No evidence for neural overlap between unconsciously processed and imagined stimuli
SourceeNeuro, (2021), article ENEURO.0228-21.2021
30 september 2021
Article / Letter to editor
Display more detailsDisplay less details
SW OZ DCC AI
Donders Centre for Cognitive Neuroimaging
SubjectCognitive artificial intelligence
Visual representations can be generated via feedforward or feedback processes. The extent to which these processes result in overlapping representations remains unclear. Previous work has shown that imagined stimuli elicit similar representations as perceived stimuli throughout the visual cortex. However, while representations during imagery are indeed only caused by feedback processing, neural processing during perception is an interplay of both feedforward and feedback processing. This means that any representational overlap could be due to overlap in feedback processes. In the current study we aimed to investigate this issue by characterizing the overlap between feedforward- and feedback-initiated category-representations during imagery, conscious perception and unconscious processing using fMRI in humans of either sex. While all three conditions elicited stimulus representations in left lateral occipital cortex (LOC), significant similarities were only observed between imagery and conscious perception in this area. Furthermore, connectivity analyses revealed stronger connectivity between frontal areas and left LOC during conscious perception and imagery compared to unconscious processing. Together, these findings can be explained by the idea that long-range feedback modifies visual representations, thereby reducing representational overlap between purely feedforward and feedback-initiated stimulus representations measured by fMRI. Neural representations influenced by feedback, either stimulus-driven (perception) or purely internally-driven (imagery), are however relatively similar.Significance statementPrevious research has shown substantial neural overlap between imagery and perception, suggesting overlap between bottom-up and top-down processes. However, because conscious perception also involves top-down processing, this overlap could instead reflect similarity in feedback processes. In this study, we showed that the overlap between perception and imagery disappears when stimuli are rendered unconscious via backward masking, suggesting reduced overlap between purely bottom-up and top-down generated representations.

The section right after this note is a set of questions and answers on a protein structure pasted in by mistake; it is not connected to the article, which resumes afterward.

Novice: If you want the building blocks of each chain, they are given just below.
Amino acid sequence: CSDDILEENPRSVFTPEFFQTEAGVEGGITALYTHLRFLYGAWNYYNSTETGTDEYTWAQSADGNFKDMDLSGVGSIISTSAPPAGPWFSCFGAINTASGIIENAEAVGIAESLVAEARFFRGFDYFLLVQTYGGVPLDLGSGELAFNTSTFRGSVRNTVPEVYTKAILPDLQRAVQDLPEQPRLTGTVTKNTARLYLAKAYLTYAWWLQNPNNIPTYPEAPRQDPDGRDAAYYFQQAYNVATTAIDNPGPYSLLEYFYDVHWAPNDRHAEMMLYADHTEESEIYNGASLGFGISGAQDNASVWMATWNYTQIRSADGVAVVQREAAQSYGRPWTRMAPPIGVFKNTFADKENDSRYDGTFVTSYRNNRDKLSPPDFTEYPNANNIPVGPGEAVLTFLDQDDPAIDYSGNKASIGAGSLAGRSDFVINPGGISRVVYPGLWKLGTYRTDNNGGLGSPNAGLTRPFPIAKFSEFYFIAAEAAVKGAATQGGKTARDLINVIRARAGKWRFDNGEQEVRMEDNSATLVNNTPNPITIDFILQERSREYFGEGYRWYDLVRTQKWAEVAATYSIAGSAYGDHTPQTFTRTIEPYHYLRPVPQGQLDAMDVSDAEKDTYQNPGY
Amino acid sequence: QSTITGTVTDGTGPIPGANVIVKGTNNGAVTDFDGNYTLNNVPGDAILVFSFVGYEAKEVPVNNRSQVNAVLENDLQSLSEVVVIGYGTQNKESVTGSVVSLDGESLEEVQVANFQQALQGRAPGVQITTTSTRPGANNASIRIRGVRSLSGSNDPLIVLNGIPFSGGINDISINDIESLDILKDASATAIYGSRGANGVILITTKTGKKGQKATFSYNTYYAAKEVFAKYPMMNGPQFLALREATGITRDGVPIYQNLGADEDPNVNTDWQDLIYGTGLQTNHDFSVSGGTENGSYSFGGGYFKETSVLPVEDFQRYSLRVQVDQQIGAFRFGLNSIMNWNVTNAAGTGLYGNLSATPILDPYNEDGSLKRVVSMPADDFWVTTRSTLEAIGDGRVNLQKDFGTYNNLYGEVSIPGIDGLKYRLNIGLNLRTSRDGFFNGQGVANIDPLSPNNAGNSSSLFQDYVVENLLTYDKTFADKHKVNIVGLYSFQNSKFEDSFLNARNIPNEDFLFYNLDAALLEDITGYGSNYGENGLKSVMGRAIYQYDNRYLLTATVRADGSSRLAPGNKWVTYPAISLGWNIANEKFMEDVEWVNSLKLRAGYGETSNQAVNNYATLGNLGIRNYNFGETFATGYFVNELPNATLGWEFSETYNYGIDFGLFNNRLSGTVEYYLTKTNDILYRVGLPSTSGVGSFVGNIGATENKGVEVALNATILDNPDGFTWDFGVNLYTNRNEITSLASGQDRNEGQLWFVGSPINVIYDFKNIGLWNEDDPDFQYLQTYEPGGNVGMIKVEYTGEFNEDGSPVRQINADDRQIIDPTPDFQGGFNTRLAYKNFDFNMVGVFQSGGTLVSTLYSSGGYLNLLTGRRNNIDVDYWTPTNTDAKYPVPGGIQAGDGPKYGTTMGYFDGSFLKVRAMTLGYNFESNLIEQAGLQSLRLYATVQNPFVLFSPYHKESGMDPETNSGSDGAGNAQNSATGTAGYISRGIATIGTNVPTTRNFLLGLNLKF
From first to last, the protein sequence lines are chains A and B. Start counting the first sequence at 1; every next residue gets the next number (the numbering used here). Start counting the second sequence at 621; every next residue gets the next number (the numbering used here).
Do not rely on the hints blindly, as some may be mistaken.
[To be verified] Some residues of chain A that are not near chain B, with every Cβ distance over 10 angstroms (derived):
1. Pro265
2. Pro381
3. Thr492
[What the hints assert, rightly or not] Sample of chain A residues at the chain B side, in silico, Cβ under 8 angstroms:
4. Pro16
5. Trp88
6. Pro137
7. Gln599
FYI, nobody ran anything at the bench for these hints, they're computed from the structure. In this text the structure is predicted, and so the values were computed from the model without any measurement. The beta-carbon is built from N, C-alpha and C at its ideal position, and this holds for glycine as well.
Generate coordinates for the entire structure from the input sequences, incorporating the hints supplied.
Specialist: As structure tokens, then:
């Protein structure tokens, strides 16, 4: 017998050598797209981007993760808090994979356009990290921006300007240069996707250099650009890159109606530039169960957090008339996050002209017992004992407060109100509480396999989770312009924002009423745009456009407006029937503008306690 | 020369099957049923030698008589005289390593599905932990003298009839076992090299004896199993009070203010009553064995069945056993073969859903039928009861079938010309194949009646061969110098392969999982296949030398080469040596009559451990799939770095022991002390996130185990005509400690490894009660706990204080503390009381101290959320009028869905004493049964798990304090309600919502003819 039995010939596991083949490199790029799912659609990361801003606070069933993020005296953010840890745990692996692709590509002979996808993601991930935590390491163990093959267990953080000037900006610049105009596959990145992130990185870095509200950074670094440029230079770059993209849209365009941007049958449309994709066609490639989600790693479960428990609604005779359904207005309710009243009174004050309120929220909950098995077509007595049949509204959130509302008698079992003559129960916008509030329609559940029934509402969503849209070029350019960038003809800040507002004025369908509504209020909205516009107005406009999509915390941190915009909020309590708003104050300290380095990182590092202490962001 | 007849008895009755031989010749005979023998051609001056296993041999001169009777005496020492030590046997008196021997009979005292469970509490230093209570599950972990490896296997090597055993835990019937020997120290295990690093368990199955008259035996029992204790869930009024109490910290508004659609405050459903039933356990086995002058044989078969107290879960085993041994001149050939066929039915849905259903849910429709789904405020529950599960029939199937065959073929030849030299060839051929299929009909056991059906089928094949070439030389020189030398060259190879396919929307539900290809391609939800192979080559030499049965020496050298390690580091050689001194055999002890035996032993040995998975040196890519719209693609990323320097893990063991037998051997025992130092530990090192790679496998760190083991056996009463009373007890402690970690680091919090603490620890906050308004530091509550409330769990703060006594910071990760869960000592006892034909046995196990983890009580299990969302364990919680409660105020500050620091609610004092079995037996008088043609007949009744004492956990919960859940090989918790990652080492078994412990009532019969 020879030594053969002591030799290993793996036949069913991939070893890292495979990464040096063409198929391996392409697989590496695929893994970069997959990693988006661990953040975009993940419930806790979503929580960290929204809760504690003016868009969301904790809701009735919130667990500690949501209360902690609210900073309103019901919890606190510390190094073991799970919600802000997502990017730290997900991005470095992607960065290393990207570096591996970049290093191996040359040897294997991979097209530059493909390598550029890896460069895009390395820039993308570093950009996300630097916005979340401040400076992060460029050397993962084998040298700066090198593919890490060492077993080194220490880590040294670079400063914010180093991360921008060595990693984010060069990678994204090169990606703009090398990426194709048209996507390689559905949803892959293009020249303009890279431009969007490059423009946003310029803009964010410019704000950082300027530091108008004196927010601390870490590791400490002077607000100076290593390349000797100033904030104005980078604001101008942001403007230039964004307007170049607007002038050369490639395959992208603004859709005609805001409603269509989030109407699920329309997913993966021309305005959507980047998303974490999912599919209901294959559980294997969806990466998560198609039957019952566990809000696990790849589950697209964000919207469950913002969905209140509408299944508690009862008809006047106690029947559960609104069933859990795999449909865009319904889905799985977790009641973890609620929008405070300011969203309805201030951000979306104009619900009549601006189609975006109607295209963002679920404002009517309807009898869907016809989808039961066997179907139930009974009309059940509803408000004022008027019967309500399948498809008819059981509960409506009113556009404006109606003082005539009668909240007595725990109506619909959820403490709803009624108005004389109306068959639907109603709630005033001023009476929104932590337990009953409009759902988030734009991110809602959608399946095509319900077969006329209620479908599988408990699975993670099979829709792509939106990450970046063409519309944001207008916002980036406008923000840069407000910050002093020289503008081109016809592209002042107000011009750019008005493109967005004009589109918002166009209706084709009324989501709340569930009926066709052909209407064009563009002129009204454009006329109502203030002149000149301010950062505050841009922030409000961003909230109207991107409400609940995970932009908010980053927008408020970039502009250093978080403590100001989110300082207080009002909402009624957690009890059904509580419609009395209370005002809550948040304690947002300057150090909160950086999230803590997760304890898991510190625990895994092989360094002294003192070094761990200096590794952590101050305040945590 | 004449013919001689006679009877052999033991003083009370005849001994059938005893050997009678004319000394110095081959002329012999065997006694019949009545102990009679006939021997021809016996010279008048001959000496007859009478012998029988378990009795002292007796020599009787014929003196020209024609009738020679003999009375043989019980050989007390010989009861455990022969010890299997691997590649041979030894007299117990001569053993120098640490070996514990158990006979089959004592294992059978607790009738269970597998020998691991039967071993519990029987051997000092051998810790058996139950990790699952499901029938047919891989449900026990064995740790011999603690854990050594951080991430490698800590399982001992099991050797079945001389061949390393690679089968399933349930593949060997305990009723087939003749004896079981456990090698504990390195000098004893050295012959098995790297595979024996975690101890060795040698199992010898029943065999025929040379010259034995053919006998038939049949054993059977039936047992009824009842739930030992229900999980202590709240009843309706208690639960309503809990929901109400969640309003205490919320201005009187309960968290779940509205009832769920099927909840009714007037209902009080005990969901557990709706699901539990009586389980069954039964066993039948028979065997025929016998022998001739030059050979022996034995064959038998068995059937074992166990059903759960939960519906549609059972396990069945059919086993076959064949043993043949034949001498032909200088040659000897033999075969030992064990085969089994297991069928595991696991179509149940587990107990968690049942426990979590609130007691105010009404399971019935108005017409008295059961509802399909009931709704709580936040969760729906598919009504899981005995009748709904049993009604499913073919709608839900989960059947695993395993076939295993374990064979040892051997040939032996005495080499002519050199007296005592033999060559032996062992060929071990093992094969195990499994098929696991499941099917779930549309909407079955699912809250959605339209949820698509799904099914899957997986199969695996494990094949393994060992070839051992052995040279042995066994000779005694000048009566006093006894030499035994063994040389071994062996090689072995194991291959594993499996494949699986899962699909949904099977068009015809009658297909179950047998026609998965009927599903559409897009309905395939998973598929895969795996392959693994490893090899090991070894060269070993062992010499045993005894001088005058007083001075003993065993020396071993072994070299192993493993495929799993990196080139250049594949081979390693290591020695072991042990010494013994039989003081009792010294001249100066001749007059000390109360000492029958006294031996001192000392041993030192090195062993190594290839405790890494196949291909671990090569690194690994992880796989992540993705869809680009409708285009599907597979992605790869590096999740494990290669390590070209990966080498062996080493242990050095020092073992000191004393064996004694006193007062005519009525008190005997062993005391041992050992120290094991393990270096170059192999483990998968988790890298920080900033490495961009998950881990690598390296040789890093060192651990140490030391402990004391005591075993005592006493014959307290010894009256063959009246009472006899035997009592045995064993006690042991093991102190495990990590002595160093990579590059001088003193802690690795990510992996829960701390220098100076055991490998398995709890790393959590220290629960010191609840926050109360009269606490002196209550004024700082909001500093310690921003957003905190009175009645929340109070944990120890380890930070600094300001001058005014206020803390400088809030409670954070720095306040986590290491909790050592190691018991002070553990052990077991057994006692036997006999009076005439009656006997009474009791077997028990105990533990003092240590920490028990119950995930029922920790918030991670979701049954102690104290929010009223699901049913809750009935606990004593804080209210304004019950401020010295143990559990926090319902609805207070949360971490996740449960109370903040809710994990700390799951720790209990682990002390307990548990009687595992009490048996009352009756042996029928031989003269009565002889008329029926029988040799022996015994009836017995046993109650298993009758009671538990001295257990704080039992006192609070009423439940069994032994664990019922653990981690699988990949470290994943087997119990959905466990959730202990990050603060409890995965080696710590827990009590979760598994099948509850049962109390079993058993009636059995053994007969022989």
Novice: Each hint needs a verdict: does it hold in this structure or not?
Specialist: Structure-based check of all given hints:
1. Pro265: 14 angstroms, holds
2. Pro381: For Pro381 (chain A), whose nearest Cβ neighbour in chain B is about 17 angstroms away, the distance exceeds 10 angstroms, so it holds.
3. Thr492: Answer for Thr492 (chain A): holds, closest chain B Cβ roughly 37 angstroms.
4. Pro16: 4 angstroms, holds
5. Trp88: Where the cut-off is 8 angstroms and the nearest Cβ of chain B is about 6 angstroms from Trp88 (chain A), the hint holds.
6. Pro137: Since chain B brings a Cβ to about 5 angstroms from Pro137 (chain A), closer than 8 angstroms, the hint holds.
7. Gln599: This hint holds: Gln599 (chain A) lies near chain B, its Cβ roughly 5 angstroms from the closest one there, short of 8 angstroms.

Upload full text
Use your RU credentials (u/z-number and password) to log in with SURFconext to upload a file for processing by the repository team.